division between classes must be ar bitrary, and legislation is not to be declared void which adopts the age of twenty-one as marking the right to vote or manage property, because the individual at twenty years and eleven months may be as competent as at twenty-one, nor, in a law distinguishing by population, because no appreciable difference can be conceived between the town of 999 and the town of 1,000, provided, generally, the class of those under twentyone years of age is less competent to vote or manage property than the class of mankind above that age, or the class of towns which does not include villages of 1,000 population are
(Wis., 172 N. W. 734.)
generally less in need of the governmental powers conferred upon villages than the class of towns which does contain villages of 1,000 and upward."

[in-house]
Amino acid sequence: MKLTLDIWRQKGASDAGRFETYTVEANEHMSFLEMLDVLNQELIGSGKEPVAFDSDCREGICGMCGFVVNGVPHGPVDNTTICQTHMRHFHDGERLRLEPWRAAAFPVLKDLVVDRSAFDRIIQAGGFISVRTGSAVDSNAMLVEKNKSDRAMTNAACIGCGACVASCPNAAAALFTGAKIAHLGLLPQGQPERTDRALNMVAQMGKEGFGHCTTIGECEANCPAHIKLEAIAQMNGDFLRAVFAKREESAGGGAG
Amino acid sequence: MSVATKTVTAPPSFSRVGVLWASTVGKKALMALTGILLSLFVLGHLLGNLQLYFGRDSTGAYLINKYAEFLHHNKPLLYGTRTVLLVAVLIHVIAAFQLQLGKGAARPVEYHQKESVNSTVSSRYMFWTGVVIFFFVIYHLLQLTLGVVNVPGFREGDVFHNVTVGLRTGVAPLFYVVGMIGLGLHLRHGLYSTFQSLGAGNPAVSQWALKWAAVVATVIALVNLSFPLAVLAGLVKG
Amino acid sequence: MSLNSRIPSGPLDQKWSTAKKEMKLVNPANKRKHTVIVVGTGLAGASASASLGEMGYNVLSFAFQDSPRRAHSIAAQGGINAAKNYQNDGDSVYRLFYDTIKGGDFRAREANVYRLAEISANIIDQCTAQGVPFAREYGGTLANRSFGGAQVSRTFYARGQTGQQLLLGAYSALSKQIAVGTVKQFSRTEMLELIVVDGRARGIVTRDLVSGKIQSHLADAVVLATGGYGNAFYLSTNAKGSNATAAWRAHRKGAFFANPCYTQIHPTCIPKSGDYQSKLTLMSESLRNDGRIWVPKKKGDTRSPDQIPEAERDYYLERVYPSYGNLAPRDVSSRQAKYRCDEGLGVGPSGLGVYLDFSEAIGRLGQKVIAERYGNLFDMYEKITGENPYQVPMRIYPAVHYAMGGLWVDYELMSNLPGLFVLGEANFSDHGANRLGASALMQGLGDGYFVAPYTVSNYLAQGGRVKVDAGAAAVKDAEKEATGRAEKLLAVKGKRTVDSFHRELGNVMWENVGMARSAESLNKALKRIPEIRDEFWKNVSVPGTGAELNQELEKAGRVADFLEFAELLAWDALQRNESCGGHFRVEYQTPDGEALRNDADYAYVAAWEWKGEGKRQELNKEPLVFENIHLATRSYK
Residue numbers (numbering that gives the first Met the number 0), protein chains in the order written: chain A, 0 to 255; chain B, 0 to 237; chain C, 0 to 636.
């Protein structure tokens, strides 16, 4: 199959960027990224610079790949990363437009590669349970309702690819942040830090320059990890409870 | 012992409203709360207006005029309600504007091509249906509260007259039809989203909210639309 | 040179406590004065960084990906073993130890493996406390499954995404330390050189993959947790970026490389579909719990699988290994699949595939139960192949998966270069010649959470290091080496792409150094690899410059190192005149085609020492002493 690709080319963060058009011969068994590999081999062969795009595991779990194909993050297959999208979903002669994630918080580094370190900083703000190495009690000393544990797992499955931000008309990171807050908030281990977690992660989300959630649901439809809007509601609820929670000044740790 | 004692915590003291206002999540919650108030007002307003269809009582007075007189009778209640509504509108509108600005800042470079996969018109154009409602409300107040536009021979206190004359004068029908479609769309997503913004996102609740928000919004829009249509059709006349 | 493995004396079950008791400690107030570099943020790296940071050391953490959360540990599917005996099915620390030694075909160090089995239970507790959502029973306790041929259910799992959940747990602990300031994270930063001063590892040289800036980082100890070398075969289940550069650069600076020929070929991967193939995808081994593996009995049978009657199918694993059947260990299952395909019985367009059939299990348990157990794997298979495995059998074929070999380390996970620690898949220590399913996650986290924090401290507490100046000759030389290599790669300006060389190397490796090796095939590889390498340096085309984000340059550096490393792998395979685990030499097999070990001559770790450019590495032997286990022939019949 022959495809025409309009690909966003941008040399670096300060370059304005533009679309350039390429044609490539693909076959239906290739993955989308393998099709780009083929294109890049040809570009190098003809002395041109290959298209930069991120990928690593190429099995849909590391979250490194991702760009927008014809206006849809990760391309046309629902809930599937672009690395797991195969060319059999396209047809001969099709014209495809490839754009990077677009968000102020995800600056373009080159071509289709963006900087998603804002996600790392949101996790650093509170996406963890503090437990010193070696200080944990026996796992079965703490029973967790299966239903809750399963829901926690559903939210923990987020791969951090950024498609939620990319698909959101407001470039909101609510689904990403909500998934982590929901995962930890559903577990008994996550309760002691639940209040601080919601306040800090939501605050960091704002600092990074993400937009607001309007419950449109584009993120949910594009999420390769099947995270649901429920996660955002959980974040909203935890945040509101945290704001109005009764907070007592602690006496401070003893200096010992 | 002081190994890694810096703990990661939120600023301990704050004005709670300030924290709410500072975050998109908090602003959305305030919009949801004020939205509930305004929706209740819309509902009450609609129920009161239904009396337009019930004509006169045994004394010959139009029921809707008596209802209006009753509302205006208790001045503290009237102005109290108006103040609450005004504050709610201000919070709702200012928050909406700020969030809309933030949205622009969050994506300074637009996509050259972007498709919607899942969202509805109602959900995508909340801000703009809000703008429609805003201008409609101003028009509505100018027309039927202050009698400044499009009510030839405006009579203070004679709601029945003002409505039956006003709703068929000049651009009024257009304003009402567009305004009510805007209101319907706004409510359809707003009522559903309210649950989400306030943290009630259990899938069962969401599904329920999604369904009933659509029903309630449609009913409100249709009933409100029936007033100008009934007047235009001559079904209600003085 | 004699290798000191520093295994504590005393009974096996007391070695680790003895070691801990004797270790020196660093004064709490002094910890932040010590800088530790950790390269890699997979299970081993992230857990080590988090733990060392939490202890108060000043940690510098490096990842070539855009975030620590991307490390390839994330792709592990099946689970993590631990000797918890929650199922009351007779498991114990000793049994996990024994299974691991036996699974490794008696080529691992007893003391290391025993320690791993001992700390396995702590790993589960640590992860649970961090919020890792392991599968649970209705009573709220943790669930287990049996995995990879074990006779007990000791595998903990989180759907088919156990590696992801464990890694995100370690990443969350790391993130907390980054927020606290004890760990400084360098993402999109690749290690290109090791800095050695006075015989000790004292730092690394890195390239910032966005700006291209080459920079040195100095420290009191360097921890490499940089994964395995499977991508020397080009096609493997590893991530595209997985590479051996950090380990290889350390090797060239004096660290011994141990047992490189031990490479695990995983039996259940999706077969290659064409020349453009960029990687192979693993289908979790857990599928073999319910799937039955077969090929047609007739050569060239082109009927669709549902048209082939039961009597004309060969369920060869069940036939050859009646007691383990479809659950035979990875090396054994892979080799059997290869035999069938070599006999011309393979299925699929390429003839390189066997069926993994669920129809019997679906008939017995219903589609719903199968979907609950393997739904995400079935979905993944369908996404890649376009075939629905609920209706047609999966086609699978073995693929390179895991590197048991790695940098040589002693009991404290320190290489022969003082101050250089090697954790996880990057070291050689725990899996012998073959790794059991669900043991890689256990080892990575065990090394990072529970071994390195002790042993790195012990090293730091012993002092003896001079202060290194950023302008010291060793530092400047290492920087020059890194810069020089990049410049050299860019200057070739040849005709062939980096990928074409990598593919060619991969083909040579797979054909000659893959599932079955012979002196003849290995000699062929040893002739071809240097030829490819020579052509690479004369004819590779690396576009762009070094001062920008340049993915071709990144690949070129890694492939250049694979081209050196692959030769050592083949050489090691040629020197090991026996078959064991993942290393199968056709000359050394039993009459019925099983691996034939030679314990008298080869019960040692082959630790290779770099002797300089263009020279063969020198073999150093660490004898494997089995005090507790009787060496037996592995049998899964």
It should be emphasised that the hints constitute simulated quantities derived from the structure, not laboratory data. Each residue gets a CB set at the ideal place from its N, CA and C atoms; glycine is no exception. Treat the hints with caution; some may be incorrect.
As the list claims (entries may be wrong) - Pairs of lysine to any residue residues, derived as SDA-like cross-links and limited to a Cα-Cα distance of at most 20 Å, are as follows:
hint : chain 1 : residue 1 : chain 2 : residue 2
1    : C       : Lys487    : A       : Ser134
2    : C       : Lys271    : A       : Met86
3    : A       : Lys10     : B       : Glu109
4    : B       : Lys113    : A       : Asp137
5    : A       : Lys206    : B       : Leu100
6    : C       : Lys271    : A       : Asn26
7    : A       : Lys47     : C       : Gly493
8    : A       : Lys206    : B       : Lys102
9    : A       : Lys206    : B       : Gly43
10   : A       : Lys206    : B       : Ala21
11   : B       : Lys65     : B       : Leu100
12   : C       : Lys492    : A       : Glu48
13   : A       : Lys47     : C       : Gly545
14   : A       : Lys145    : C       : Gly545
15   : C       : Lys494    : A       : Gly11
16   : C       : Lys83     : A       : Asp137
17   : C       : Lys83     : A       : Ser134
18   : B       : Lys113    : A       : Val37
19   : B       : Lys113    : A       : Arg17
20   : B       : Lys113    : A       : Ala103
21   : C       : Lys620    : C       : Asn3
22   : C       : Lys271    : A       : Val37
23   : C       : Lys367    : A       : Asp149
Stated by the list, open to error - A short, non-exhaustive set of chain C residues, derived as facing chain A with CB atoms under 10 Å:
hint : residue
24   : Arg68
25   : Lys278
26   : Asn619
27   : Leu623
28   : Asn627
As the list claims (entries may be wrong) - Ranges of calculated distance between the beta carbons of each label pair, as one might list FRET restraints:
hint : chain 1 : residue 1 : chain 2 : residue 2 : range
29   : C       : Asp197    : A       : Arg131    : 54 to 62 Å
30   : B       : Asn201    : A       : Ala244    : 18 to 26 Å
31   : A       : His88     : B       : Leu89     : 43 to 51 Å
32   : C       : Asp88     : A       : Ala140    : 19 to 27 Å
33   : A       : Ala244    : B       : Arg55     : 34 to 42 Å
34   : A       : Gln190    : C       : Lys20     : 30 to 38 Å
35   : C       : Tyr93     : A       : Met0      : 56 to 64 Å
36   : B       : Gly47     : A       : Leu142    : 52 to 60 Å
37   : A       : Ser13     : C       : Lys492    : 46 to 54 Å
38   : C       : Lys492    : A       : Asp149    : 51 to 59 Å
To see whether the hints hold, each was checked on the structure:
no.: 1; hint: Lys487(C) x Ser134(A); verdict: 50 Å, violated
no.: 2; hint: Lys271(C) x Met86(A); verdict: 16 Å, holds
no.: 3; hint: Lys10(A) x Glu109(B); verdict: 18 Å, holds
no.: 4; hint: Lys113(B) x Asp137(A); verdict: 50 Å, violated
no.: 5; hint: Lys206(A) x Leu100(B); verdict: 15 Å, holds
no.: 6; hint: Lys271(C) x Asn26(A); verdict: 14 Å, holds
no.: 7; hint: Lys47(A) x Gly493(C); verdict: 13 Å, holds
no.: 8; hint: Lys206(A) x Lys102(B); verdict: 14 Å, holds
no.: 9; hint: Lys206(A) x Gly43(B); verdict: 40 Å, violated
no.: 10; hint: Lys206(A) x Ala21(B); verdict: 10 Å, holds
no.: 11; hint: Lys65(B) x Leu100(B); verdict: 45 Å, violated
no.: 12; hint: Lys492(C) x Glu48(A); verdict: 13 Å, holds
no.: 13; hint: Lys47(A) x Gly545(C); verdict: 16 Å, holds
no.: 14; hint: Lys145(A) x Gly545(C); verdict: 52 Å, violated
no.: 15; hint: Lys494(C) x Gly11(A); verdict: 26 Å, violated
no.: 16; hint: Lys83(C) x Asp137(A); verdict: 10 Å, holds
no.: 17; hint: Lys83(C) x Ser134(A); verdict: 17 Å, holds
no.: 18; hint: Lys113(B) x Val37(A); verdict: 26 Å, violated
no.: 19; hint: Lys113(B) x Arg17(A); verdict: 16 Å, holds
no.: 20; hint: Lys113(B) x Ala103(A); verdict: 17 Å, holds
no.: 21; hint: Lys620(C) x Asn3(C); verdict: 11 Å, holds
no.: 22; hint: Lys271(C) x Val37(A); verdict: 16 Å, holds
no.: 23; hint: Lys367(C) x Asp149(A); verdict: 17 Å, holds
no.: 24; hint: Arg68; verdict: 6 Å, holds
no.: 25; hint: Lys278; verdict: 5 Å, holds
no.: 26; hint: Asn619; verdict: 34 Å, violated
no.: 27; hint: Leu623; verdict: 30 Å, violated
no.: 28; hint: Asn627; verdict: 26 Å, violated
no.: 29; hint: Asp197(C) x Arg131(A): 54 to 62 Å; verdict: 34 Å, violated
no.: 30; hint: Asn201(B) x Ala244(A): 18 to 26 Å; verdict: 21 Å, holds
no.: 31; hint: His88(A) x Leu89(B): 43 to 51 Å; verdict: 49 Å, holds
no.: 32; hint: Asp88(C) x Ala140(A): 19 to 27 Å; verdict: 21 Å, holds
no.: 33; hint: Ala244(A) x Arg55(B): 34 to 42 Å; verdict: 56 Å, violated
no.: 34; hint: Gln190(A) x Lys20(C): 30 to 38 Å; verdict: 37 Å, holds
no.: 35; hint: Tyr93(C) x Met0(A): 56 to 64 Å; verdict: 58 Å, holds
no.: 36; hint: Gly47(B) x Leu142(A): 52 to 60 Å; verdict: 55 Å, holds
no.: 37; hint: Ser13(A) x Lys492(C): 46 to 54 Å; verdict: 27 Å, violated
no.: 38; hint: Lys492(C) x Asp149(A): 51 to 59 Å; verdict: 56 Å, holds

The next question is whether these gifts, or any of them, constitute a material part of the donor's estates. Obviously the law would be easier of administration if it were more definite in fixing the character or size of gifts to be deemed to have been made in contemplation of death. Whether that is practicable or possible we do not suggest. The use of the word "material" does not make the law impossible of administration. Whether à gift constitutes a material part of a donor's estate is left a judicial question. As the legislature has not attempted to define with exactness what shall be considered a material part of an estate, neither shall we. That question must be left to be determined in each case as it arises.
In this case
Constitutionality, construction, and effect of legislative definition of gift or transfer in "contemplation of death."